The use of pacing for cardiac resynchronisation therapy with no defibrillation, which is the aim of our analysis, saw an increase in 2006 compared to the previous year7 (474 units in 2006 and 407 in 2005), and has stabilised in 2007 (473 units), but this implies a slight proportional slip in total pacemakers (1.5%). However, the units associated with defibrillation continue to increase and in 2007 they reached 1108 units (848 in 2006). From the information submitted to the registry, we understand that biventricular units make up 1.2% of first-time implants and 1.7% of generator replacements (due to the implant of more up to date units or simply because the battery ran out).

AV Block Stimulation

For the analysis of this group, the C8 subgroup coded on the European Pacemaker Patient Identification Card corresponding to patients in atrial fibrillation and patients with AV block, was excluded. Therefore it can be seen that in patients who had a pacemaker implanted due to AV block with normal sinus rhythm, pacing is based on atrial synchronisation in 71.7% of cases. This percentage is higher for patients with first and second degree AV block (74.5%) than in those with third degree AV block (70.6%). Of these, 40.7% correspond to the DDD/R method and the rest to VDD/R (31%) pacing. The details of the methods according to the various degrees of AV block can be seen in Figure 9. In the general data collected over the years a slow decline in the use of VDD/R pacing is noted (its highest rate of use was in 2001 when it was the most used AV block method), and it is mainly due to the change to DDD/R pacing.7

Figure 9. Pacing types in 1st, 2nd, and 3rd degree atrioventricular block (AV block), 2007.

It should be pointed out that if we consider the types of pacing used separating patients into age groups of 80 years old or more and the under eighties, the percentage of application of VDD/R pacing was the same in both groups (31%). This was not the case with DDD/R pacing which was 51.8% in the younger group and only 21.2% in the older group.

There is still a high percentage of VVI/R pacing in patients with AV block with normal sinus rhythm (28.2% of the total) a method which alters from the that which is most recommended for this type of electrocardiographic alteration,9-11 and it has only slightly decreased in relation to 2006 (Figure 10). This percentage is somewhat less for the patient group with a certain level of AV conduction. In patients with first and second degree AV block it was 25.5% compared with 29.4% for third degree AV block (Figure 9). In the choice of VVI/R pacing, age continues to play an important factor as in the group of 80 year olds and above it reaches 47.7% whilst in the younger age group the figure is 16.5% (Figure 11).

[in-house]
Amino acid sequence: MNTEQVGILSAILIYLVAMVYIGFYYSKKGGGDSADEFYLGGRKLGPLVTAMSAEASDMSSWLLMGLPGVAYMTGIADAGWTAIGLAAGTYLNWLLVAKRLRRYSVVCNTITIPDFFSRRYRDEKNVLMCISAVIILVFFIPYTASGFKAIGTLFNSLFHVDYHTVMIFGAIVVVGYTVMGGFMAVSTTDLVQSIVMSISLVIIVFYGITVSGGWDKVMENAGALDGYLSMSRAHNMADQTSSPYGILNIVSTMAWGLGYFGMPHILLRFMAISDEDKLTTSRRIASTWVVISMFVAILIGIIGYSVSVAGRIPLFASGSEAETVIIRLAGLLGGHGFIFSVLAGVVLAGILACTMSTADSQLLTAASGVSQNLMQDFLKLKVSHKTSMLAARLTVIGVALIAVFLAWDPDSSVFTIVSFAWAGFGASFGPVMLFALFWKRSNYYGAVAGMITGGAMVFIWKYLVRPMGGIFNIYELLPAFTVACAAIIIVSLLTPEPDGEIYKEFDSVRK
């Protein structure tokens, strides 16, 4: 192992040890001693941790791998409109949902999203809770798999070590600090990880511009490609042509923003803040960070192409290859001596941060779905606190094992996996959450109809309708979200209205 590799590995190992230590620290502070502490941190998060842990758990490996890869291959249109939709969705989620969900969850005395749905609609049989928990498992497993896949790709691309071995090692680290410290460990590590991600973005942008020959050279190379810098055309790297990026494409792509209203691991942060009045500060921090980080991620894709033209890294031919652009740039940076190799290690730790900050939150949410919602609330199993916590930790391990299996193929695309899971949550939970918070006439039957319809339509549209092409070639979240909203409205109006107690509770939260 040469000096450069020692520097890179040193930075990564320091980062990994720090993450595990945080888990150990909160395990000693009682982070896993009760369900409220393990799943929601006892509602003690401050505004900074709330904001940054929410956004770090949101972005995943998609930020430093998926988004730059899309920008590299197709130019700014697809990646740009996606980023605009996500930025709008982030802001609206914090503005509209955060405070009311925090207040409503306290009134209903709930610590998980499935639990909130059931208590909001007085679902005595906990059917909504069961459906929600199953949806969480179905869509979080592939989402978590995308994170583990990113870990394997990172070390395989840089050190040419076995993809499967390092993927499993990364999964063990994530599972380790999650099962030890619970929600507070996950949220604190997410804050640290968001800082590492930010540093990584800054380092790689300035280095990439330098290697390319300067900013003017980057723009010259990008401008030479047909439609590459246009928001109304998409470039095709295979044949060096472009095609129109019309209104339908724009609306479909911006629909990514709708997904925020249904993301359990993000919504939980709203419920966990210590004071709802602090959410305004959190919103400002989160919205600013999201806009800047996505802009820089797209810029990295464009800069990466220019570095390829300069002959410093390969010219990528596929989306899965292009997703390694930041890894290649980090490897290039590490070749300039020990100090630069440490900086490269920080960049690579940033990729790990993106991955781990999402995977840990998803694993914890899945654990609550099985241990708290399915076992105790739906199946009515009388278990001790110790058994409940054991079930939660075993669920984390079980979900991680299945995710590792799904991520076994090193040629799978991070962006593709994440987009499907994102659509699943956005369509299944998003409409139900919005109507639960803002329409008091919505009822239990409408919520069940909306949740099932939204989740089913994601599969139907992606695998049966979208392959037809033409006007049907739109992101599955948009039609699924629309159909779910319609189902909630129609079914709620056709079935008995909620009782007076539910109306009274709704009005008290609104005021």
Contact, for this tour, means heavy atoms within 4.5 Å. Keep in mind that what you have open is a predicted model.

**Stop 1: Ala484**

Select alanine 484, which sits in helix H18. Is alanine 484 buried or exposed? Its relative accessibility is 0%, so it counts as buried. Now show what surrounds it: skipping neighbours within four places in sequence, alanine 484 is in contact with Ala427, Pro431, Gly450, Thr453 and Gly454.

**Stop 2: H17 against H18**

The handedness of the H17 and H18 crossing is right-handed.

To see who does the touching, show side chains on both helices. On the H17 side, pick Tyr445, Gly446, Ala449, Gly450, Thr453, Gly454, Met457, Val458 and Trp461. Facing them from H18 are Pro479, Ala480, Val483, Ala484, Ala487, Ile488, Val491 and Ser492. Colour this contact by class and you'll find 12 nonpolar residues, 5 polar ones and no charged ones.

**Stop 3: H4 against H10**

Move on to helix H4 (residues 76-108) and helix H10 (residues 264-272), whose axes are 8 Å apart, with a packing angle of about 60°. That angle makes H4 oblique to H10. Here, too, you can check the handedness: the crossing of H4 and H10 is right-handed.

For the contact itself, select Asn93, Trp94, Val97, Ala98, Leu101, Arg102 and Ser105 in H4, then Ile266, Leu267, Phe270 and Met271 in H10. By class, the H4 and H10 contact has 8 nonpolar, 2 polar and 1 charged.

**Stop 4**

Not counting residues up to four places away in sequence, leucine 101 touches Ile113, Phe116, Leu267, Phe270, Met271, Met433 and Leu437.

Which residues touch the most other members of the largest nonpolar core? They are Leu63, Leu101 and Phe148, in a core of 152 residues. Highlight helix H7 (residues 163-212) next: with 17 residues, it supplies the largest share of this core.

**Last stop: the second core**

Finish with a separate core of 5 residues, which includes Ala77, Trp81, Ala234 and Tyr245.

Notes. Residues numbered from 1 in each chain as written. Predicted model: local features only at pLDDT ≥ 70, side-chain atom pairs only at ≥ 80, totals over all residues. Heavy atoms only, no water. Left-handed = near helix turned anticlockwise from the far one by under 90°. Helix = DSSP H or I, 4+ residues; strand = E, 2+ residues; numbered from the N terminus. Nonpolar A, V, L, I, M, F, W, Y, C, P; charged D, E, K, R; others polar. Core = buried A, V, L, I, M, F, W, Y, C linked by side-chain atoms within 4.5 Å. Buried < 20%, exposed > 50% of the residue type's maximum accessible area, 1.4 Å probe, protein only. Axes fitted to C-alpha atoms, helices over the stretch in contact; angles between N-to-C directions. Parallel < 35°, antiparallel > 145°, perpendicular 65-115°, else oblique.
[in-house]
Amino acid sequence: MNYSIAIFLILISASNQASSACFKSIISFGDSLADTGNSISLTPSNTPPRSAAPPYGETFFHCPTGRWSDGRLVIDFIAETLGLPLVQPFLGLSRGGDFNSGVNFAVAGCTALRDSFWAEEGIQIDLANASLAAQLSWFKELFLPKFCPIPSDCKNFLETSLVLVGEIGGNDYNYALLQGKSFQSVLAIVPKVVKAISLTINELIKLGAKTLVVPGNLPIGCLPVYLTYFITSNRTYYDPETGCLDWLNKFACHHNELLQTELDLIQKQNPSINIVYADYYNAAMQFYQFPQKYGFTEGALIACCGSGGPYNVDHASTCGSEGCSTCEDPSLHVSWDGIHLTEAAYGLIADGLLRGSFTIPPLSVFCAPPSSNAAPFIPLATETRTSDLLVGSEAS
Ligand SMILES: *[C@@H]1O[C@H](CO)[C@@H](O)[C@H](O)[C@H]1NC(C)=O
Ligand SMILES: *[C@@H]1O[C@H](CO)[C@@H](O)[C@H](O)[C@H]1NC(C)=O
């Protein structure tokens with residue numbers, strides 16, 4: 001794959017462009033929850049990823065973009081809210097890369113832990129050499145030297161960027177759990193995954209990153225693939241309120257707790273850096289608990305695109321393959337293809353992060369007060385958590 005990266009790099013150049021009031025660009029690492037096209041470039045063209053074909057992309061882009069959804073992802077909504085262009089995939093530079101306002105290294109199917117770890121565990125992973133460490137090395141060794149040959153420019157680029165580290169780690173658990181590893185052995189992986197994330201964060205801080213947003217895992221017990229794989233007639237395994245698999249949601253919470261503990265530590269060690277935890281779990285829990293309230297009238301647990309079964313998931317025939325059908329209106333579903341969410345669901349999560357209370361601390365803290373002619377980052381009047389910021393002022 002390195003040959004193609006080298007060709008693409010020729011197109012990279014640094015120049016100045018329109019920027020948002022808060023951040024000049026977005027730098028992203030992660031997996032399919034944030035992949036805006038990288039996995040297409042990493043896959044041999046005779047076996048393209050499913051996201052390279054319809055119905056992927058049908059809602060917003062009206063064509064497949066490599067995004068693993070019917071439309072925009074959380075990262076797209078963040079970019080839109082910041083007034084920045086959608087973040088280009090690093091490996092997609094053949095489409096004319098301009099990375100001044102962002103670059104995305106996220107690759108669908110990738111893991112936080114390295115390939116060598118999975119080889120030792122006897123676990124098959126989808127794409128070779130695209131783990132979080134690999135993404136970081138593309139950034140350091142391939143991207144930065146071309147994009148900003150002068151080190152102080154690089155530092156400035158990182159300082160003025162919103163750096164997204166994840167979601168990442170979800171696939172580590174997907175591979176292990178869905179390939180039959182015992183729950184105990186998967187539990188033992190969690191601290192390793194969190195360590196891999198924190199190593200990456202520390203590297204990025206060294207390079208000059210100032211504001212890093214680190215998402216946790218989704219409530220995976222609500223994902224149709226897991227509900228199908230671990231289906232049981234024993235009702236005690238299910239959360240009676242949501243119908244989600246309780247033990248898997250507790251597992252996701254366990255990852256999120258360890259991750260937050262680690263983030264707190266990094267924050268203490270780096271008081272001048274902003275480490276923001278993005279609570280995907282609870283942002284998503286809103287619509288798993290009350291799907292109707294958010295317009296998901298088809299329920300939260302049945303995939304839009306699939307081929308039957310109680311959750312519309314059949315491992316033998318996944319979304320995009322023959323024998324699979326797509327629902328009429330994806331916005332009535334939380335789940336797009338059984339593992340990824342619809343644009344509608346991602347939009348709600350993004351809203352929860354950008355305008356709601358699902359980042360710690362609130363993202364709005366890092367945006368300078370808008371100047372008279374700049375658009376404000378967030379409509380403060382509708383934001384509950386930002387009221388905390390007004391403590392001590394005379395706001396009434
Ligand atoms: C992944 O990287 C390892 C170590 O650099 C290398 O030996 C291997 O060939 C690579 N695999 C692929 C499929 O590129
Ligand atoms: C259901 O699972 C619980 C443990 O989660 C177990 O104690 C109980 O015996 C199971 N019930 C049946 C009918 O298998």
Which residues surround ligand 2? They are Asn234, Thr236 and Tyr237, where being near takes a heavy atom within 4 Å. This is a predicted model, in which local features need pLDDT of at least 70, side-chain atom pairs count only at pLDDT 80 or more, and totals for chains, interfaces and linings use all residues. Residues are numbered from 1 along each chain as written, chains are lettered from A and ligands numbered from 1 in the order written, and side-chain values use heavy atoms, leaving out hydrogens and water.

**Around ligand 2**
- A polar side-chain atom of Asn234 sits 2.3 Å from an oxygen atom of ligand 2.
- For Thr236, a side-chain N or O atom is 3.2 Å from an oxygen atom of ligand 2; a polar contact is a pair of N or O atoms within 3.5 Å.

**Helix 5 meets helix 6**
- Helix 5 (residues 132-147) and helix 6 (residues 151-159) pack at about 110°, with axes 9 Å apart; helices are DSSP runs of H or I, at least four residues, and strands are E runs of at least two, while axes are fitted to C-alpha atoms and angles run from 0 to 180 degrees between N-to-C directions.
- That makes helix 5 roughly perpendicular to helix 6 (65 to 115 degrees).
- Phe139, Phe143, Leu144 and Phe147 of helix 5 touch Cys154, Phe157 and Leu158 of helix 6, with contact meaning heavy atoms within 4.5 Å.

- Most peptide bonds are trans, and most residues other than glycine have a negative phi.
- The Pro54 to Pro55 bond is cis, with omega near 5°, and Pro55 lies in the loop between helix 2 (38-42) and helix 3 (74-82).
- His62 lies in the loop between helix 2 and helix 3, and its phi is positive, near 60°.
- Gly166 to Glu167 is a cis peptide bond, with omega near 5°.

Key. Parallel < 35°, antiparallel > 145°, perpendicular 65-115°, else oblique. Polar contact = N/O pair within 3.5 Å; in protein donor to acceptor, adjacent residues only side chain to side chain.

Figure 10. Development of pacing methods used in AV block, excluding patients with fibrillation or permanent atrial flutter, 1994-2007.

Figure 11. Pacing methods used in AV block, in accordance with 2 age groups 80 years old or more and under 80, excluding the patients in permanent atrial fibrillation.

Pacing in Sick Sinus Syndrome

As with previous reports, the study of this group is done in 2 sections, the E6 group from European Pacemaker Patient Identification Card (patients with Afib/AF with brachycardia) and the E1-E8 group with electrocardiographic alterations of SSS, in which in theory, sinus rhythm is maintained and therefore interference is avoided which can be caused by assessing the ideal suitability of the selection of pacing methods in this group.

In the subgroup of patients with permanent atrial arrhythmia (Afib/AF), although it would be hoped that they would all use the VVI/R method, and this is the case in the majority of cases (93.8%), DDD/R was the choice in 5.5% of cases. This is understood to correspond to patients who were expected to revert to normal sinus rhythm a second time. Less explicable is the low percentage (0.4%) that used the VDD/R method. This can only be justified by technical reasons or unsuitability of choice of method.

In the rest of the subgroups of SSS (excluding the previous ones who had atrial tachyarrhythmia), the recommendations from the current clinical guidelines9-11 for the type of pacing method to be used are for atrial based pacing units (with pacing ability and detection of atrial activity). Pacing in 2007 was mainly carried out with the DDD/R method (69%) and the AAI/R method constituted 4.1%. Seventy-three point one percent used the most advised method. Isolated single chamber atrial pacing was at the lowest percentage of all the years in 1994, based on data from the BNDM and this was possibly due to the gradual introduction of the units with new algorithms with the capability of changing the pacing method from AAIR to DDD/R (Figure 12).